Otto Frank had applied for a visa to travel to America with his family, fearing the worst, but his application was rejected. With the Nazis at their doorstep, Otto Frank knew that he had to find an alternative to protect his family. He had built a secret chamber in his office to hide if the Nazis invaded the Netherlands. When Margot received the work camp letter, the family decided it was time for them to move into their hideout. Since Margot was supposed to be taken away by the Nazis, it was important to shift her sooner than the rest. Miep, with sheer determination and confidence, managed to move Margot past a checkpoint without any ID. Even though Margot was afraid and was nearly in tears, Miep instilled confidence in her to get over the hurdle. Once Margot was safely transferred, the family eventually shifted to the hideout. Anne Frank was initially quite disheartened that she was not allowed to bring her pet kitten with her, but she eventually got back to her chirpy self. Margot suffered from an existential crisis, while Edith advised Miep on ways to get the best produce. Meanwhile, Otto Frank managed the entire business from the hideout. He was the brains working in the shadows while his employees physically managed the business. It became known that the Frank family had fled to Switzerland. Even though Otto Frank always tried to stay calm, there were days when he felt overwhelmed with frustration.


 What Happened To Doctor Pfeffer? 

With her growing anxiety, Miep had developed a tendency to grind her teeth, and she visited Doctor Pfeffer to get some relief. Doctor Pfeffer was Jewish, and he was introduced to Miep by Otto Frank. As a Jew, he feared for his life and constantly inquired about the Frank family. Miep initially did not share any details with him, but she gradually started to sympathize with his situation. One day, when he asked her for help, she struggled to deny him. Otto Frank was a Jewish man married to a Christian woman. He initially believed that he would be spared, but it became evident that there was no mercy for the Jews. When Miep discussed Doctor Pfeffer’s situation, Otto Frank refused to allow him into the hideout. There was barely any space left, and the ration was quite limited. But after thinking about it for a day, he asked Miep to bring him over. He feared losing his identity in the hideout, and he refused to become a man who was afraid of helping his friend in need. Miep visited Doctor Pfeffer and brought him along to the hideout. He was ultimately reunited with his friends.


 ‘A Small Light’ Episode 2 Ending Explained: Why Did Jan Lie About His Job?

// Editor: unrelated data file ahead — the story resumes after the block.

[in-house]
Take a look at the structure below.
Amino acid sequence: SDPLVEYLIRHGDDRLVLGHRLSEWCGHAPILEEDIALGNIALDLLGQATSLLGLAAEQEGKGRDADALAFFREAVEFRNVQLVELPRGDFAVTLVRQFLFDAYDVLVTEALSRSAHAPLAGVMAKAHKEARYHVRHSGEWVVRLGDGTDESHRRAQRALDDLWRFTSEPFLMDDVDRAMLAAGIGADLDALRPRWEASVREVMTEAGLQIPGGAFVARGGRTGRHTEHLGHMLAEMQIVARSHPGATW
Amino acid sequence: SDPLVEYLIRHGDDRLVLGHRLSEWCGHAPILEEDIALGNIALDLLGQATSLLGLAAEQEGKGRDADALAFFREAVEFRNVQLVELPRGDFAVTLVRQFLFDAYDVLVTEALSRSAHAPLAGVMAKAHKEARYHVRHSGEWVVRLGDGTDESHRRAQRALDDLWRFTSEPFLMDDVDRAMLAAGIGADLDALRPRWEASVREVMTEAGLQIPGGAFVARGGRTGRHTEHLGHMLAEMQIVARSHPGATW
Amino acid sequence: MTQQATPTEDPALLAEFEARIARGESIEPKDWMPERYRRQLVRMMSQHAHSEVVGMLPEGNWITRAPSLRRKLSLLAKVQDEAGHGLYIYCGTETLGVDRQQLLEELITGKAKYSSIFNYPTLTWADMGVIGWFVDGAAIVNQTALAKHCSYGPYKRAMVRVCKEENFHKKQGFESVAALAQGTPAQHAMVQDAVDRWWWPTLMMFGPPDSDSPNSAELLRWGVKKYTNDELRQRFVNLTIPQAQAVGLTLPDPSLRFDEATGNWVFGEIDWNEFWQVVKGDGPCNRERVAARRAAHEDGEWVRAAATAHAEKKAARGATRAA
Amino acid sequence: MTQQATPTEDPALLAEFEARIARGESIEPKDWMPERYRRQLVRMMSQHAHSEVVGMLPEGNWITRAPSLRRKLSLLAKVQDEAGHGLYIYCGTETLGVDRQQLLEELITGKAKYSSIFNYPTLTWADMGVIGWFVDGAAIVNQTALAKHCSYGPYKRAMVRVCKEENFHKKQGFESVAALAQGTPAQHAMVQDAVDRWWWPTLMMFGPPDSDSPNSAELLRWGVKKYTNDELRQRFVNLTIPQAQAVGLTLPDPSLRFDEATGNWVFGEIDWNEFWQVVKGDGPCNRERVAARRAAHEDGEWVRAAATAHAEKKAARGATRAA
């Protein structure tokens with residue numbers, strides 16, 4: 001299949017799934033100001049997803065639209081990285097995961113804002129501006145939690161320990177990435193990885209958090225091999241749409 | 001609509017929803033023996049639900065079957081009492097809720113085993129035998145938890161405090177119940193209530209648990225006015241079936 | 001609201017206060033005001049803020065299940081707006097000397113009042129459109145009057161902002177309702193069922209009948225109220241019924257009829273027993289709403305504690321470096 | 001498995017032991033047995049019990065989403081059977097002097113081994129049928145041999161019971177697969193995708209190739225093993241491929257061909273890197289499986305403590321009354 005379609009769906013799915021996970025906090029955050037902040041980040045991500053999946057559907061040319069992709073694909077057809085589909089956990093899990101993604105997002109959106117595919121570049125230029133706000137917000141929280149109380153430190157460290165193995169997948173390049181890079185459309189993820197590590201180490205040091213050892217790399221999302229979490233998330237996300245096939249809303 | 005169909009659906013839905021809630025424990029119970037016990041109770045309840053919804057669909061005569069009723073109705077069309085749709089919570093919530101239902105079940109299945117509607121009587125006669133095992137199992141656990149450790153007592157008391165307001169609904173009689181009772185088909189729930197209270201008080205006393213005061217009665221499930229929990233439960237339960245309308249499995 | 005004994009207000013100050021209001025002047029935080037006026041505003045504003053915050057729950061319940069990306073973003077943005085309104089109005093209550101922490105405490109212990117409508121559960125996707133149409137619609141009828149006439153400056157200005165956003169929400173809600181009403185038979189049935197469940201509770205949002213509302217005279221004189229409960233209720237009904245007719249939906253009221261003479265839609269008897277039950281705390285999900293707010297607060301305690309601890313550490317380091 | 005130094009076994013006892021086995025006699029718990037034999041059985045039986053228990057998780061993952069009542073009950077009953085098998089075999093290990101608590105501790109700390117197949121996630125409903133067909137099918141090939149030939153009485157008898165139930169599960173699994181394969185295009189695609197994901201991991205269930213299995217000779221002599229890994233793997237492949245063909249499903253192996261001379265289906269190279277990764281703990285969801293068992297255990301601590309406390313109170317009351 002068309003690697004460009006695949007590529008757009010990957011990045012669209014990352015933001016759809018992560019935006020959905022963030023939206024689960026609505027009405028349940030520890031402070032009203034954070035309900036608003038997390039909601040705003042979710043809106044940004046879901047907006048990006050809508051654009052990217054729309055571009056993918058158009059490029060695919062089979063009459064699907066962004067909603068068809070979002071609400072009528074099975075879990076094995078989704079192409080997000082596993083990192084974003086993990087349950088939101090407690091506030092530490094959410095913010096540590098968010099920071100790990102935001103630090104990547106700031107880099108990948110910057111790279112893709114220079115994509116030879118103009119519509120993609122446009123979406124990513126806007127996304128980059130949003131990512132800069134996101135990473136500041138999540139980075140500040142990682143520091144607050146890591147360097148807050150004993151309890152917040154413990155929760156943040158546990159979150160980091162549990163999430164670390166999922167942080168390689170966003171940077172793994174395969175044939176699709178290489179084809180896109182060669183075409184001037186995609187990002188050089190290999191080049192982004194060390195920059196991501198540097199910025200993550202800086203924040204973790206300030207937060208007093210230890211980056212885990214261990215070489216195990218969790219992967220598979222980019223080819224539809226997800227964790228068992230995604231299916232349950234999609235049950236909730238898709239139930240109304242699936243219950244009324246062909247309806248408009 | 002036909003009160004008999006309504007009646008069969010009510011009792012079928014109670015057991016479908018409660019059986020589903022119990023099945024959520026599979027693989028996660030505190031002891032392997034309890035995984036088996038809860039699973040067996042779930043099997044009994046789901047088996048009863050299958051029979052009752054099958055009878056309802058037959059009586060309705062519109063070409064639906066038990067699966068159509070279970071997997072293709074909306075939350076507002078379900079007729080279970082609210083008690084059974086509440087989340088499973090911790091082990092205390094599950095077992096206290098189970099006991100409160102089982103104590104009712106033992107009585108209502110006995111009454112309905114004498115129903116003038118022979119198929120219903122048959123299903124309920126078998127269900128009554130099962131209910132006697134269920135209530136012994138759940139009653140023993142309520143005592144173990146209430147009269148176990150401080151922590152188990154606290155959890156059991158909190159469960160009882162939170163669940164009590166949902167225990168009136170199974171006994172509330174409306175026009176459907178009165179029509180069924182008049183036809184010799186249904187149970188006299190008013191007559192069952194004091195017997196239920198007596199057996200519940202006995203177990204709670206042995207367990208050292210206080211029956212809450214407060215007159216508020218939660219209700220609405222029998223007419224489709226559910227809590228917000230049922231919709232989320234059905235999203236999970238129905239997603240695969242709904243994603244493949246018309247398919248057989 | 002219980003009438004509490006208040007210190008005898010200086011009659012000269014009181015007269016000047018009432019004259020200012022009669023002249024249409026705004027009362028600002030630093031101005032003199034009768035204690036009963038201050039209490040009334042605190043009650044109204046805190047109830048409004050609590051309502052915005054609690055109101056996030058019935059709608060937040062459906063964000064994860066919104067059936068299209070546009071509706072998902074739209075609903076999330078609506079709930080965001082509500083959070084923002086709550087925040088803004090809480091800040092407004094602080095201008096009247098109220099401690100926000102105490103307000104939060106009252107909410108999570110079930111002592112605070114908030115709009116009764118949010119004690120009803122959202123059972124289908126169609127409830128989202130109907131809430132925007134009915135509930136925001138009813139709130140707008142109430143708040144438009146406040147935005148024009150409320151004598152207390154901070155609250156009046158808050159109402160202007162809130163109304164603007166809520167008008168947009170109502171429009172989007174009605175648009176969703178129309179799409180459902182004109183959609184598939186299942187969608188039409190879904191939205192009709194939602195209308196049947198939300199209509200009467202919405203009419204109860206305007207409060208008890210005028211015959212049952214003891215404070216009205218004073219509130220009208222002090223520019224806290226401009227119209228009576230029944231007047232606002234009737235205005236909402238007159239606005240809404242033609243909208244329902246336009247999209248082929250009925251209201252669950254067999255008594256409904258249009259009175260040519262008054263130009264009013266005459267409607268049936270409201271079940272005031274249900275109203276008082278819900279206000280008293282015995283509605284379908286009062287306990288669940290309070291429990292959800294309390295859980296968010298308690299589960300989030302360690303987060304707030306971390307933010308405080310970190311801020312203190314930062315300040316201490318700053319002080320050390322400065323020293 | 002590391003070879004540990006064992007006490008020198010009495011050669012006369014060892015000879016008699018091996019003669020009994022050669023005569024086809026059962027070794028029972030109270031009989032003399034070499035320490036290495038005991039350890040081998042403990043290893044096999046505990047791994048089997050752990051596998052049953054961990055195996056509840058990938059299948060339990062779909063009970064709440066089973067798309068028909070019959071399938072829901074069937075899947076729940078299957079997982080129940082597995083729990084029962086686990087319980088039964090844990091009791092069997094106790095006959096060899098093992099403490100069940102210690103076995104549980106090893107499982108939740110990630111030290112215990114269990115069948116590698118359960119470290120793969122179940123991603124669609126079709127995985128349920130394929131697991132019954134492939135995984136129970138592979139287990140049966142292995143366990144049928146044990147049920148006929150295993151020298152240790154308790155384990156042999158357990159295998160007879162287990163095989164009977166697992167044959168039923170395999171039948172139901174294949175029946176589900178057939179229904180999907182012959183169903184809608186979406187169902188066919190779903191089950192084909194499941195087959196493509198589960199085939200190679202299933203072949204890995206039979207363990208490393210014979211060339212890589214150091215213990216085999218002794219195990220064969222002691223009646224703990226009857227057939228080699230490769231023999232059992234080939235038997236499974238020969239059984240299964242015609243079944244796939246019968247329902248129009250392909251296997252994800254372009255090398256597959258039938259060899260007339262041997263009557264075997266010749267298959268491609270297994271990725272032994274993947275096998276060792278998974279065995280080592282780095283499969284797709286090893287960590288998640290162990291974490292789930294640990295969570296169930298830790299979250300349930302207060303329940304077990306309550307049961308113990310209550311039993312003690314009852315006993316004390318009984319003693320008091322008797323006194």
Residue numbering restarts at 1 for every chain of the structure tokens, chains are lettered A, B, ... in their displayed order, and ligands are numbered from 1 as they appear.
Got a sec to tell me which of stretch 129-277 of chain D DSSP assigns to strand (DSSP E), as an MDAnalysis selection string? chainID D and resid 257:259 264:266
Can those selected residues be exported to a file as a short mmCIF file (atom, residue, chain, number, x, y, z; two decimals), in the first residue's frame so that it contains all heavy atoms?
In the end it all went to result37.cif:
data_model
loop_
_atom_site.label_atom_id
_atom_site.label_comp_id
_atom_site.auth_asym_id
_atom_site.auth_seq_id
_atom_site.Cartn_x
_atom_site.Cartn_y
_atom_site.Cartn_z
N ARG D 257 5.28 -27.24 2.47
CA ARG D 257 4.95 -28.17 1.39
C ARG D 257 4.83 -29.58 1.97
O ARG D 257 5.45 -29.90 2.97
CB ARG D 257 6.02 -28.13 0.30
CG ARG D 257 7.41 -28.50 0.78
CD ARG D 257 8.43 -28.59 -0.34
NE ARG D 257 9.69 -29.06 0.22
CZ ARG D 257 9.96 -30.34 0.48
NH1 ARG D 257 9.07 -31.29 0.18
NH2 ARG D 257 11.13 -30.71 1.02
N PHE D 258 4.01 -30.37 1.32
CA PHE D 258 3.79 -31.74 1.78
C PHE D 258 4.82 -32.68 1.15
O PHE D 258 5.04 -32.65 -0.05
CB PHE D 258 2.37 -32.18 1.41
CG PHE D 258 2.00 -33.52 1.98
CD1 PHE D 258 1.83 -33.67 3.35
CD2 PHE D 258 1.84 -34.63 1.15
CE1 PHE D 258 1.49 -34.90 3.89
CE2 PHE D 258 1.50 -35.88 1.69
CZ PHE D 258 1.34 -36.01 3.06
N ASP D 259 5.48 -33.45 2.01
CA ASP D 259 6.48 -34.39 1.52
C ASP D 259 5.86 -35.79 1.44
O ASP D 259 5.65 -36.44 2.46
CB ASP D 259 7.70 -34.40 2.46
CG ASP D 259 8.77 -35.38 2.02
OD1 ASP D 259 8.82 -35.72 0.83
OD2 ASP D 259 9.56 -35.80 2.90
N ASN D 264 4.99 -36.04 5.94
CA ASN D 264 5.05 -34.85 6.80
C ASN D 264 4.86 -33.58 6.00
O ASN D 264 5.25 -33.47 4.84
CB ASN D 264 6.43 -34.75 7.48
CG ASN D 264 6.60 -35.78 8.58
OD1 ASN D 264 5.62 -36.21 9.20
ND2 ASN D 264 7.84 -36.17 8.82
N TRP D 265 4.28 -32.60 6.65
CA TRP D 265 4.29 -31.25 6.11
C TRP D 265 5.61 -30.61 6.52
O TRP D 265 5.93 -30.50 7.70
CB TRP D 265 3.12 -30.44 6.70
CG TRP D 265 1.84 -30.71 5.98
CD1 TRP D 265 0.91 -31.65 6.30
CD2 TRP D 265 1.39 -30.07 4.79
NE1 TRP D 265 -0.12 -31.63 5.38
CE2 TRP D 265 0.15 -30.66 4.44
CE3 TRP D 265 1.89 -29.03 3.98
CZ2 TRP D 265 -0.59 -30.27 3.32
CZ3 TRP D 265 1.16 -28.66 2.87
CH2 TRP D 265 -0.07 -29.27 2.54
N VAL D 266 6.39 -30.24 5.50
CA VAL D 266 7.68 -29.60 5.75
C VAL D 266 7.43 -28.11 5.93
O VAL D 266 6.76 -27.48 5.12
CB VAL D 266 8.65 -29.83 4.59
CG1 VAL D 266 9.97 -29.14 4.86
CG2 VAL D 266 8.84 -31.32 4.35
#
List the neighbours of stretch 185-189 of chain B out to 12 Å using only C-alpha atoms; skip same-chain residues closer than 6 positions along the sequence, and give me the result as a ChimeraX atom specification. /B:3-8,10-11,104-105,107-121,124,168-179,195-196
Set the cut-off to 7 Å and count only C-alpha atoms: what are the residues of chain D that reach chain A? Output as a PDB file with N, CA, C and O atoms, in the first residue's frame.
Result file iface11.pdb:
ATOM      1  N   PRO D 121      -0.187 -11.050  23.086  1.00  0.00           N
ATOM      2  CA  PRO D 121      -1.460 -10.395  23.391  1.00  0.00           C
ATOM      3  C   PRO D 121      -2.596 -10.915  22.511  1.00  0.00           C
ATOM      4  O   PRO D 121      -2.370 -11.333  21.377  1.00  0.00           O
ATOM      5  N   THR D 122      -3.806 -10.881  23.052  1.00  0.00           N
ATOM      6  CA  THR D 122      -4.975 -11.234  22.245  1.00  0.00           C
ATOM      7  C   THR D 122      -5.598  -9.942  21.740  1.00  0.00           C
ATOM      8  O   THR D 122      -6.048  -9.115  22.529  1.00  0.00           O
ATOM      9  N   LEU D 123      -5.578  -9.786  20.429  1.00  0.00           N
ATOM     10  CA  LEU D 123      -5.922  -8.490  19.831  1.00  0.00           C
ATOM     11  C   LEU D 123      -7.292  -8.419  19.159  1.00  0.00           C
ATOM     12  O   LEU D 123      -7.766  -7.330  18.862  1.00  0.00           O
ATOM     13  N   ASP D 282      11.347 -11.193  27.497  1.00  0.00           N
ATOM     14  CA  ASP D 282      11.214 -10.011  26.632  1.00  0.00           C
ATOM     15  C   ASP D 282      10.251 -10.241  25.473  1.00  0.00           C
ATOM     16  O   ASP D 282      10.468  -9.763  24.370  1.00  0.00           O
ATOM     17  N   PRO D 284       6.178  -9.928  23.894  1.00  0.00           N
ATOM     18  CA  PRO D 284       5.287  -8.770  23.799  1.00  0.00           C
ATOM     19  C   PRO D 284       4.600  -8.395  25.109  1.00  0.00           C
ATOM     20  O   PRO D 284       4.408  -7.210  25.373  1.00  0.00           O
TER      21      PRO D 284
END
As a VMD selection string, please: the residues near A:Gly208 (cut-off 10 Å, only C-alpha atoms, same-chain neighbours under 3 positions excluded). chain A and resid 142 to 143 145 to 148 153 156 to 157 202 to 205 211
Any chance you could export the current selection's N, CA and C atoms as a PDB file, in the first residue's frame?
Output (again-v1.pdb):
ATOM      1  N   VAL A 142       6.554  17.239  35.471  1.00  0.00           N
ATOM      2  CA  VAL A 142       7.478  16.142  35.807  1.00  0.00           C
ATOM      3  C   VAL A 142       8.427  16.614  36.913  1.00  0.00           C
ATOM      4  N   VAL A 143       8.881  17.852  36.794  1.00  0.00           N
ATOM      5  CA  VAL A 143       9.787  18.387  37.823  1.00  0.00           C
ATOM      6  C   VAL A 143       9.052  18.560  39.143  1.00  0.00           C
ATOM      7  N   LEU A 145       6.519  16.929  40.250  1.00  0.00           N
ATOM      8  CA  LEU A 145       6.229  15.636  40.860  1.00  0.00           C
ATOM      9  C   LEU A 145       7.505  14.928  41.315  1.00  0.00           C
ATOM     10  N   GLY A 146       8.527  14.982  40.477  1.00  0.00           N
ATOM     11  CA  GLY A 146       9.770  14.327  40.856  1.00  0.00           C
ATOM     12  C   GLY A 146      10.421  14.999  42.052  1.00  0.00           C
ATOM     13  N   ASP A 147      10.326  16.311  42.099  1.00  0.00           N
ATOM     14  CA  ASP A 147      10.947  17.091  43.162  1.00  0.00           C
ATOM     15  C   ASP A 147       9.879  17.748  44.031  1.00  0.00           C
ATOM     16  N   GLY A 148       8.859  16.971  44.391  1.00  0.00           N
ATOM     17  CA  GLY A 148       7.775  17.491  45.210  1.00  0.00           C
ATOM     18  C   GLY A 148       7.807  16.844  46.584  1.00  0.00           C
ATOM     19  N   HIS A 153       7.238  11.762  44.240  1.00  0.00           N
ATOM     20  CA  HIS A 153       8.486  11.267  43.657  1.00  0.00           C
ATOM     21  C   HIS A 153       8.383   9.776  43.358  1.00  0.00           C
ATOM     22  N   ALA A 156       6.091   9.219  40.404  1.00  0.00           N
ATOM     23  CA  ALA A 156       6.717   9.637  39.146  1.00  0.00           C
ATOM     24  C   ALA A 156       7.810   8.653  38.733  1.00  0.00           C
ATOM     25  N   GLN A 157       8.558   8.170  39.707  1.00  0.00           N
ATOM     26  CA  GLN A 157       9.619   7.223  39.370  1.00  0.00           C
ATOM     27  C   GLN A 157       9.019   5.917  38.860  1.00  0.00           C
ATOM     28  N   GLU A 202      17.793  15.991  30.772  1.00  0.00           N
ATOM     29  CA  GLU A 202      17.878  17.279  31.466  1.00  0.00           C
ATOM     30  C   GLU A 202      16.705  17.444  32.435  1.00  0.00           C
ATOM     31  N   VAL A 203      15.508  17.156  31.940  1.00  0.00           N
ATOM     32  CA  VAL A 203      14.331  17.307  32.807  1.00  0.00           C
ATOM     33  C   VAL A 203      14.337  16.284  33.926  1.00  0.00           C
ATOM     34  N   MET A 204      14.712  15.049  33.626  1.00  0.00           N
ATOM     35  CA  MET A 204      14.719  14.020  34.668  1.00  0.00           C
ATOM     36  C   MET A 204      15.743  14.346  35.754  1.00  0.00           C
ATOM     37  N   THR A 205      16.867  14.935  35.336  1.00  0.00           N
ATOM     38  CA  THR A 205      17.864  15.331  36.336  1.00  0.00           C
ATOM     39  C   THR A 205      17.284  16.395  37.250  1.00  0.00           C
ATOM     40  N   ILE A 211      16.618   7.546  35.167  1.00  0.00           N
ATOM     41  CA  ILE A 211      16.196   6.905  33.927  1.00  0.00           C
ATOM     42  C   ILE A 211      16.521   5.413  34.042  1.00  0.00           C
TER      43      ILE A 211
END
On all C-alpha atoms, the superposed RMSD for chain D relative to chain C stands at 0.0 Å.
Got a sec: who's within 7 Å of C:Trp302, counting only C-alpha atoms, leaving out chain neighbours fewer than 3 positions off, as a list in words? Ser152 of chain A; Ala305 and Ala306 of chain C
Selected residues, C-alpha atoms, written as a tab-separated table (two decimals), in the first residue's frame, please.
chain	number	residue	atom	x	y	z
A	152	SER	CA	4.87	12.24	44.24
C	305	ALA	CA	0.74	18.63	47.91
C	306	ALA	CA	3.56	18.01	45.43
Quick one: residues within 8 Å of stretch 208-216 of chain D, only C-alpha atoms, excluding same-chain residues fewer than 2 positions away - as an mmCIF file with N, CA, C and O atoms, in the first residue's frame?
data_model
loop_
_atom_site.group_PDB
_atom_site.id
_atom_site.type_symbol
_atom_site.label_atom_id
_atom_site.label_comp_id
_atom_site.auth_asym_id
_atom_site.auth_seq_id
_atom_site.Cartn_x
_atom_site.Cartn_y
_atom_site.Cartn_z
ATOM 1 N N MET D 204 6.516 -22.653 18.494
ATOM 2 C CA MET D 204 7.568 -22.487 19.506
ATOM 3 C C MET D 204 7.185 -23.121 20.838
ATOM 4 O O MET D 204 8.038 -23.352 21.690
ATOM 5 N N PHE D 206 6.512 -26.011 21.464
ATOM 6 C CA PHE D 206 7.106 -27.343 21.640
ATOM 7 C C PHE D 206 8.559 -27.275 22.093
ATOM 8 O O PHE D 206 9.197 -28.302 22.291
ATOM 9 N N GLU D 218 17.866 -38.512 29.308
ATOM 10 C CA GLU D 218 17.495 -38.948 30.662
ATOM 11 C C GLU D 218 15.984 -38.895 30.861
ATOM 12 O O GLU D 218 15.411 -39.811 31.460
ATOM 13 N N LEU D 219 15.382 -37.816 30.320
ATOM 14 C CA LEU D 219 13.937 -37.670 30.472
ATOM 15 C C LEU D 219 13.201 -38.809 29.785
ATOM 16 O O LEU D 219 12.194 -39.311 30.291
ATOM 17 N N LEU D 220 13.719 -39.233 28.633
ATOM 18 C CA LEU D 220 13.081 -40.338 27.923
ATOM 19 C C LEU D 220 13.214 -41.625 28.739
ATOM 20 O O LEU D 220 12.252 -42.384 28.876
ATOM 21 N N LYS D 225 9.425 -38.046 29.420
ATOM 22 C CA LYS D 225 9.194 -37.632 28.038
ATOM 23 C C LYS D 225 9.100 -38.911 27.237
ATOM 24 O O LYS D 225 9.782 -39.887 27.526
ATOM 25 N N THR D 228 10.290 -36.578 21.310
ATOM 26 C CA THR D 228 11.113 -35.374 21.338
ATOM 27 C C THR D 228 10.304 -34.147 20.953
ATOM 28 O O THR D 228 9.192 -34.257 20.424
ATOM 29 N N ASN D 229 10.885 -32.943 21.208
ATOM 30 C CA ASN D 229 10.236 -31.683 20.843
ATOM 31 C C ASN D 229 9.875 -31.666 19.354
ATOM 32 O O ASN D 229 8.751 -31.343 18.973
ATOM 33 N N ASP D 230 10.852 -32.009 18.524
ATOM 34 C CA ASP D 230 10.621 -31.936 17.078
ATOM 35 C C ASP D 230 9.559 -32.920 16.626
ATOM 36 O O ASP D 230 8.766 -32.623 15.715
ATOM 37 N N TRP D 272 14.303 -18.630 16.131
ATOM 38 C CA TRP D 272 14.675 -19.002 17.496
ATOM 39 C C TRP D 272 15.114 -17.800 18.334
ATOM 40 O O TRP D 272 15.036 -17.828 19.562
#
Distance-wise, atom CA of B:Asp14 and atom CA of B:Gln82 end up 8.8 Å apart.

Jan was asked to meet his boss, and he was confident that he would be questioned about the lapse in his client report. He decided that he would quit if necessary. Just as expected, his boss questioned him about the extra ration cards that he asked for. Jan explained that he did what he believed was the right thing to do. Surprisingly, his boss had the same opinion. He added that there were a few employees who worked against the occupiers in secrecy, and they wanted Jan to join them in their efforts. The meeting had taken a far more interesting turn than Jan had expected, and he agreed to the offer. He was asked not to tell anyone about his involvement with the resistance. When Miep asked him about his office meeting, Jan lied to her. Miep had already placed herself in a lot of danger, and Jan was not ready to risk her life anymore.

Episode 2 of “A Small Light” ends with an unexpected knock at the door. Mrs. Stoppelman’s daughter Frannie and her husband, Lou, decided to take their chance to get on a train and return home to Leiden. It was a risky move made out of desperation. When Jan opened the door, he was greeted by a Nazi soldier. The soldier felt pity for Alfred and Liddy, who were accompanying their parents to the train station. While Frannie and Lou were taken away to the camps, the soldiers returned their children home to Jan and Miep. “A small light” emphasizes how the situation had gone beyond the expectations of even the foot soldiers. The ones who were in favor of Hitler’s decision were frightened to see the horror that was unleashed upon the Jews. Miep and Jan were no longer ordinary citizens; they were bravely fighting against the occupiers in the shadows.


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Srijoni Rudra
Srijoni Rudra
Srijoni has worked as a film researcher on a government-sponsored project and is currently employed as a film studies teacher at a private institute. She holds a Master of Arts degree in Film Studies. Film History and feminist reading of cinema are her areas of interest.